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One more step for Sales Legalization in Colorado Springs
The residents of Colorado Springs stand a firm chance to express their power as a government in participating in a proposed vote on the legal sale of recreational marijuana in this year’s election.
To team working collectively to achieve this aim is the Your Choice Colorado Springs, the team has worked tirelessly to witness the sale of recreational marijuana on the ballot. They did this by filing a petition initiative in January. The City Title Board gave approval to this initiative last week.
Upon approval, the team is left with the responsibility of collecting signatures, with a required amount of signatures given. If they succeed in acquiring above the limit given to them, the initiative has the chance of appearing on the year’s ballot. The team’s campaign manager, Anthony Carlson said residents finally had the power to now direct taxes from recreational cannabis sales to their home instead of outside parties like Denver and Manitou Springs.
Analysis from the Your Choice Colorado Springs’s website showed an estimate of $150 million had been lost in revenue over the past decade due to the ban in the city that hindered in-city sale of recreational marijuana in Colorado Springs. Though Colorado made recreational marijuana legal since 2012, it was illegal to sell marijuana in Colorado Springs. Dispensaries were mostly those who possessed and sold it.
A statement released by the Your Choice Colorado Springs in January showed that the only area in Colorado that allows the sale of recreational marijuana is the Manitou Springs, this municipality has two dispensaries: Maggie’s Farm and Emerald Fields, and the two are the most profitable recreational marijuana stores in the state of Colorado because of the absence of a competition, and abundance of demands locally.
Last week in the activist group’s campaign, Rachel Beisel, CEO of Leadout Sales said “I’d like to ask the elected leaders and voters of Colorado Springs when the last time they found themselves in an alley was, purchasing black market moonshine or whiskey out of the trunk of a car? The answer to that question is most likely never,” she continued by stating that “ending Prohibition of recreational cannabis in Colorado Springs will have the same impact on the illicit market for cannabis in our city as ending the federal prohibition of alcohol in the 20th century—which effectively destroyed the illicit markets for liquor.”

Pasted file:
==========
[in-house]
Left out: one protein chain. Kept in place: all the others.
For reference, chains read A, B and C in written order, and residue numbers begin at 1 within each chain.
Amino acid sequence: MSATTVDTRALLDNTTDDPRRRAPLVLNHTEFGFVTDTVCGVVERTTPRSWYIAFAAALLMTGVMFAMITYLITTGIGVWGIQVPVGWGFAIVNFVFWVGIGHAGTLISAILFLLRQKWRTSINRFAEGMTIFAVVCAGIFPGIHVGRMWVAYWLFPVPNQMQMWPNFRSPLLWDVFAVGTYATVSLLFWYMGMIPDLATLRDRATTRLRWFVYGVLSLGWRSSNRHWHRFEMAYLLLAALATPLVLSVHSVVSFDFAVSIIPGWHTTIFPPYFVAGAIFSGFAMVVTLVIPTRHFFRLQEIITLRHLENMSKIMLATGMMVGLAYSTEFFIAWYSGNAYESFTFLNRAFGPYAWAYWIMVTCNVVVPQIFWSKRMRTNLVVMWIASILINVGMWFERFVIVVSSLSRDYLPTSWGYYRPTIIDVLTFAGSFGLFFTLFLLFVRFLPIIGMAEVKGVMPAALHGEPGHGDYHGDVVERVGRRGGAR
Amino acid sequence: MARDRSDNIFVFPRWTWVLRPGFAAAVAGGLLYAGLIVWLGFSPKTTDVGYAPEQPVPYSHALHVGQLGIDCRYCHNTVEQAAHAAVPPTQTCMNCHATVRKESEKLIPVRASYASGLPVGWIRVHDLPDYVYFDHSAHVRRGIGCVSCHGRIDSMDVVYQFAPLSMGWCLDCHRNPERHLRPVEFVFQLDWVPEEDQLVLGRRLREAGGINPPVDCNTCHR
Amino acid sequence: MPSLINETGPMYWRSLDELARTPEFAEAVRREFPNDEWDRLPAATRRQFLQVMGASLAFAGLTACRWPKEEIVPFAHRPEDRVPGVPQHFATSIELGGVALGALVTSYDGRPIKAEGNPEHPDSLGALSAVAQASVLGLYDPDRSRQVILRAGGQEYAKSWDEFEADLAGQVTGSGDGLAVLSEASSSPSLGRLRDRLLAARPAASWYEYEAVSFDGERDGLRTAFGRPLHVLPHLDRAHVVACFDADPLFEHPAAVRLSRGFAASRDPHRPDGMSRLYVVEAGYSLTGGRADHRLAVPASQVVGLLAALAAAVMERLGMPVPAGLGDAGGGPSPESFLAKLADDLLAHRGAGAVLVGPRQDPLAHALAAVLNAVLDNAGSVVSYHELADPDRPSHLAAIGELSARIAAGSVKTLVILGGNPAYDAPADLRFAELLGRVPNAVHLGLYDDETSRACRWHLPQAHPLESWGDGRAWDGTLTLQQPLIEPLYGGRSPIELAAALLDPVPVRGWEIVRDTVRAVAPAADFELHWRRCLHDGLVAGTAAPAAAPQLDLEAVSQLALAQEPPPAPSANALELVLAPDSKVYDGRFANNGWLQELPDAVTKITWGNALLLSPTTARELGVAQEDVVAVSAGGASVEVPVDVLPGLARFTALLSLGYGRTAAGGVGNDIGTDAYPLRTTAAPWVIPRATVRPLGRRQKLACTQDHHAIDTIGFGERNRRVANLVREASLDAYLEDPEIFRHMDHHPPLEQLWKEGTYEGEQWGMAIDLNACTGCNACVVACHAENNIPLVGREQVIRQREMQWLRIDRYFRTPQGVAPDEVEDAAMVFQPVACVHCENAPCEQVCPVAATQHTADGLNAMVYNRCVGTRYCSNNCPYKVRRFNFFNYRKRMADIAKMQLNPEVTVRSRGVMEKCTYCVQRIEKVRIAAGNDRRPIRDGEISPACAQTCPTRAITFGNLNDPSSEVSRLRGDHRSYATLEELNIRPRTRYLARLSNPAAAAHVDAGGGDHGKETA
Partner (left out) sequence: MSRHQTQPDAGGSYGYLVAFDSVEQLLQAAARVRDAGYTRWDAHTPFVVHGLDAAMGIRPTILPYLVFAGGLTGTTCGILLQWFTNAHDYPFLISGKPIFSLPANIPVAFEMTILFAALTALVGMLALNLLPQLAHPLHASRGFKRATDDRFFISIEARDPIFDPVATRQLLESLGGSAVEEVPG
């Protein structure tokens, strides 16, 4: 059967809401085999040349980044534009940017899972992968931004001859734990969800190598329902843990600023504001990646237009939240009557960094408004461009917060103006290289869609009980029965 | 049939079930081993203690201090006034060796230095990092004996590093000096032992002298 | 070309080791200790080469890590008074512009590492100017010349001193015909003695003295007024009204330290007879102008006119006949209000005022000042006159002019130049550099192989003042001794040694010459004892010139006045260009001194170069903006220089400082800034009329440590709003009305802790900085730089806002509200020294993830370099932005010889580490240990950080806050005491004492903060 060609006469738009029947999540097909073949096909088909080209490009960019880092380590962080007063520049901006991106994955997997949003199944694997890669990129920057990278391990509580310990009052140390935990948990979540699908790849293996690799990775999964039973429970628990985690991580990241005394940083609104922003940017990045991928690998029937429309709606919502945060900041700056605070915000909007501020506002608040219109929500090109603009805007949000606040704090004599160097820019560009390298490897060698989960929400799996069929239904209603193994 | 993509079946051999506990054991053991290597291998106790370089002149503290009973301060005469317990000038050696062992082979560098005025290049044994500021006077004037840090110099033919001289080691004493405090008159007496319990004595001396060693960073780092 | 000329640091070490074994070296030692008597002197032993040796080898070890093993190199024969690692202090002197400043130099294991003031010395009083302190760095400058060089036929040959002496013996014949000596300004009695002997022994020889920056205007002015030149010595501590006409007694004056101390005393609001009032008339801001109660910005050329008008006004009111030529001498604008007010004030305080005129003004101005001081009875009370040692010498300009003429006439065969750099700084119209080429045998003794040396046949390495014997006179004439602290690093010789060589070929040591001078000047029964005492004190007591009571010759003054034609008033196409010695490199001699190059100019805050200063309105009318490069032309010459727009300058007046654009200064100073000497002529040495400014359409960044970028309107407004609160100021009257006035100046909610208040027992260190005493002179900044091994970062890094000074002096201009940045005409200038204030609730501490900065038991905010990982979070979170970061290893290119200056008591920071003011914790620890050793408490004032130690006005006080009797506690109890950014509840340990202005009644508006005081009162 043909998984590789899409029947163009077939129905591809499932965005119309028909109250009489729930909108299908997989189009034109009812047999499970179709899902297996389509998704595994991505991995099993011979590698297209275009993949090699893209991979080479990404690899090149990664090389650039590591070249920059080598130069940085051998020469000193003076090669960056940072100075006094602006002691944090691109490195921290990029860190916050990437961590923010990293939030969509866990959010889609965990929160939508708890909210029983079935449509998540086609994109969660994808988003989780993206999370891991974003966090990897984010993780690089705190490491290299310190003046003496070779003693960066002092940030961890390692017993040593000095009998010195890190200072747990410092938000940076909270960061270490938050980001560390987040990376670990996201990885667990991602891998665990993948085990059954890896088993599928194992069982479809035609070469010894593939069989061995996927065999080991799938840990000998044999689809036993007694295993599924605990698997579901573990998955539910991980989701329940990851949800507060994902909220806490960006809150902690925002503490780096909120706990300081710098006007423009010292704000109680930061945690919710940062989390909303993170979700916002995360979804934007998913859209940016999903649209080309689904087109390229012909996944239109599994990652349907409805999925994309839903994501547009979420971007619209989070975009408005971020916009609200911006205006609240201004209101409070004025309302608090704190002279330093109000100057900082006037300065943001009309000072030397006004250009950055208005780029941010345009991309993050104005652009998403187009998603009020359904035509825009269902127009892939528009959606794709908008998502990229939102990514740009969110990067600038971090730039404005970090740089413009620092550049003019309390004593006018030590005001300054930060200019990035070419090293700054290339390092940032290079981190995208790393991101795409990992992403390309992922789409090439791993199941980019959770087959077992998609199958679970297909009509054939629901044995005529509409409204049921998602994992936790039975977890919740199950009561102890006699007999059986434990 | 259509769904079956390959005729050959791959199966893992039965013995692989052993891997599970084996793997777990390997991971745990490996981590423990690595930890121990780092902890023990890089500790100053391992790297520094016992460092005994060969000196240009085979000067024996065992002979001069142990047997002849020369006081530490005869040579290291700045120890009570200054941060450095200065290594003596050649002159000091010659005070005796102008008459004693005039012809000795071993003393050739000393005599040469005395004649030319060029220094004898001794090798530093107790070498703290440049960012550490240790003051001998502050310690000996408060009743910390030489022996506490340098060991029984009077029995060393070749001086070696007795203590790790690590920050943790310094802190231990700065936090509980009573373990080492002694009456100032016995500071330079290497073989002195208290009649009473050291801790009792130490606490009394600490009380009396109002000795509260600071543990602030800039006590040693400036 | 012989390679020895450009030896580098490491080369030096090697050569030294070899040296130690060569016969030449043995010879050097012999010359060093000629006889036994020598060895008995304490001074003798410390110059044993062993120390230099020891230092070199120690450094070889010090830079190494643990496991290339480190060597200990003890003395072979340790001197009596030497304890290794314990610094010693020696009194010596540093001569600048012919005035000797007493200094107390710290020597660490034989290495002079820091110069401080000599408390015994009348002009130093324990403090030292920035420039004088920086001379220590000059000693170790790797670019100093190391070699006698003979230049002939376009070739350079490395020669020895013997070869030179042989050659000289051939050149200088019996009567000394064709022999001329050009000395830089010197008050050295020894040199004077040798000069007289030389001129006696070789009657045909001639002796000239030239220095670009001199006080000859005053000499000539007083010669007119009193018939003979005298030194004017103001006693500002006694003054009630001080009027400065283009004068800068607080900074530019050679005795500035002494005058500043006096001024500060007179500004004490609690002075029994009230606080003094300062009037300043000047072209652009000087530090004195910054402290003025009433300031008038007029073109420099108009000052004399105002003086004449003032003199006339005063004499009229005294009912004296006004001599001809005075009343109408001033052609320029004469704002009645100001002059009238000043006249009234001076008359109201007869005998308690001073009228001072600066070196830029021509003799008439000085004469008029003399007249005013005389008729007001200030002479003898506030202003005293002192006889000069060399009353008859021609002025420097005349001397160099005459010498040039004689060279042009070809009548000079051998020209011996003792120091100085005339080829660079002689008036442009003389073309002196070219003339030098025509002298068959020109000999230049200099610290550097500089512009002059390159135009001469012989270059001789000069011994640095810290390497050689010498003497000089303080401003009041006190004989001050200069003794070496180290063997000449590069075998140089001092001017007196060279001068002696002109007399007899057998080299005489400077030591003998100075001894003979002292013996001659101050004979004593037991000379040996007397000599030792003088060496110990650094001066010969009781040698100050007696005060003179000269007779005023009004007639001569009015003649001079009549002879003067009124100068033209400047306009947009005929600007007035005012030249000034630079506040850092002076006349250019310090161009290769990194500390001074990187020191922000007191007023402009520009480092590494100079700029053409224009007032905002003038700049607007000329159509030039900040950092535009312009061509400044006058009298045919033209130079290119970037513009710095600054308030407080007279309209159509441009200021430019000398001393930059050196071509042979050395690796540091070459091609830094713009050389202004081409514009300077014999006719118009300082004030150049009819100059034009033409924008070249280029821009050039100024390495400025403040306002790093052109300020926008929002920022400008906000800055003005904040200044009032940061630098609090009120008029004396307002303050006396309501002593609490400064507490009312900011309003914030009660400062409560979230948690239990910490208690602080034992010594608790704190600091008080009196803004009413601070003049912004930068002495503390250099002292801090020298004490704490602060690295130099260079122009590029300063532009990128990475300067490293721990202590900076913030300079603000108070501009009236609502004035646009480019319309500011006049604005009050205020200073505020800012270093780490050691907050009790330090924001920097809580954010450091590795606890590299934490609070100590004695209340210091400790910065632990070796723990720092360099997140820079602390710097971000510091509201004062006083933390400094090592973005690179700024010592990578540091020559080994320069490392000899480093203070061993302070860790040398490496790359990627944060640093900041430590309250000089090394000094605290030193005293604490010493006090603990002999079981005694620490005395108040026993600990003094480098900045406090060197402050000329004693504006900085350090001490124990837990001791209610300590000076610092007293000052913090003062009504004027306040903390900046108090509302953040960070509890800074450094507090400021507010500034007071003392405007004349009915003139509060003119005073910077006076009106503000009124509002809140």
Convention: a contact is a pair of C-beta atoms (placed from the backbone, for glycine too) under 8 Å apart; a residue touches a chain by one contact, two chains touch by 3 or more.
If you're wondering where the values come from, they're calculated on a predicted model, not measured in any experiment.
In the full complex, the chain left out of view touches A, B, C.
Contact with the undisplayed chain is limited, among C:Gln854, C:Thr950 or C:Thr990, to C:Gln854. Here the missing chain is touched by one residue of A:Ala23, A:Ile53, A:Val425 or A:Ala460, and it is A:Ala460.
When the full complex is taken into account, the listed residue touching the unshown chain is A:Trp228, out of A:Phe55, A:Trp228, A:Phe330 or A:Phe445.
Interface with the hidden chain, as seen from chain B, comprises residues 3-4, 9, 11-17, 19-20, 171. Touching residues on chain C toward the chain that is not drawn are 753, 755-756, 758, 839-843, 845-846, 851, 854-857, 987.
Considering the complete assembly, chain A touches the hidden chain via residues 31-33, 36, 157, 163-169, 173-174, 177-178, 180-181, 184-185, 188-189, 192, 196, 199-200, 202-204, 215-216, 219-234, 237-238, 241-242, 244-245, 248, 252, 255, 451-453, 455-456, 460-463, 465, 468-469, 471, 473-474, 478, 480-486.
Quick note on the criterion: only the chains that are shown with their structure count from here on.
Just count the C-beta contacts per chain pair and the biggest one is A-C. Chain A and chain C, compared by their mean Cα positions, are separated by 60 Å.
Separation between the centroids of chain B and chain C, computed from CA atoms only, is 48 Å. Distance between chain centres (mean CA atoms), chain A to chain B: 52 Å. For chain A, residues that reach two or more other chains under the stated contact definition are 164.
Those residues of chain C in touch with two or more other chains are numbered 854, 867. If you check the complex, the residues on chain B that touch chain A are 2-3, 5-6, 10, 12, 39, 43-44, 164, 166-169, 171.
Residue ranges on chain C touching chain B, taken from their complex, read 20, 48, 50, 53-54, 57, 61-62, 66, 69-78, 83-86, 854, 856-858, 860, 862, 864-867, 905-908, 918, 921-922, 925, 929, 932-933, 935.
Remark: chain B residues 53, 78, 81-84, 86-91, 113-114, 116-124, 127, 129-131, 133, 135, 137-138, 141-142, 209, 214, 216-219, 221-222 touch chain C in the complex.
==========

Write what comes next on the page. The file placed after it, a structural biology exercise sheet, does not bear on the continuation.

Karlie Van Arnam, small business owner, former city council candidate, and current general manager of medical marijuana company – Pure Medical – expressed her frustration over the refusal of elected government officials to legalize the sale of recreational marijuana. “Recreational cannabis creates jobs, yields tax dollars, and promotes the safety of cannabis products through stringent regulatory oversight,” Van Arnam stated.
Unfortunately for the state’s second largest city, the Mayor of Colorado Springs, John Suthers (R) is one of the many who opposes the idea of dispensaries for recreational marijuana in Colorado Springs. The Mayor emailed a statement to the Newsline in January where he said:
“Despite the many promises made in the initial Amendment 64, marijuana revenues have not successfully funded schools, and, instead, revenues have been largely used by the incredibly high cost of regulation and enforcement, including illegal grows and illegal exportation of marijuana. Further, the lack of a THC limit in Colorado has resulted in recreational marijuana having such a high THC potency that it is having severe adverse health impacts on its users, particularly younger people.” Where Amendment 64 legalized the usage of recreational marijuana in Colorado, in 2012.
Given the presentation of the initiatives to the residents of Colorado Spring, in campaign and through the press they need a total of 19, 345 signatures on their petition by the 30th of June. According to the public relations spokesperson of Your Choice Colorado Springs, this was the measure with which the issue would be placed on the ballot this year.
If successfully the initiative made it to the ballot and got passed, only the existing dispensaries for medical marijuana operating within Colorado Springs could be involved with the sales of recreational marijuana. According to the team statement, the initiative was going to align with the city’s existing license cap. No new stores, in summary.
In addition to all, patrons of recreational marijuana would have to pay the city of Colorado Springs a 5% tax on demand, separate from the other taxes imposed on a resident. This revenue would be invested towards public safety programs, the many mental health services, and post-traumatic stress disorder treatment programs for veterans.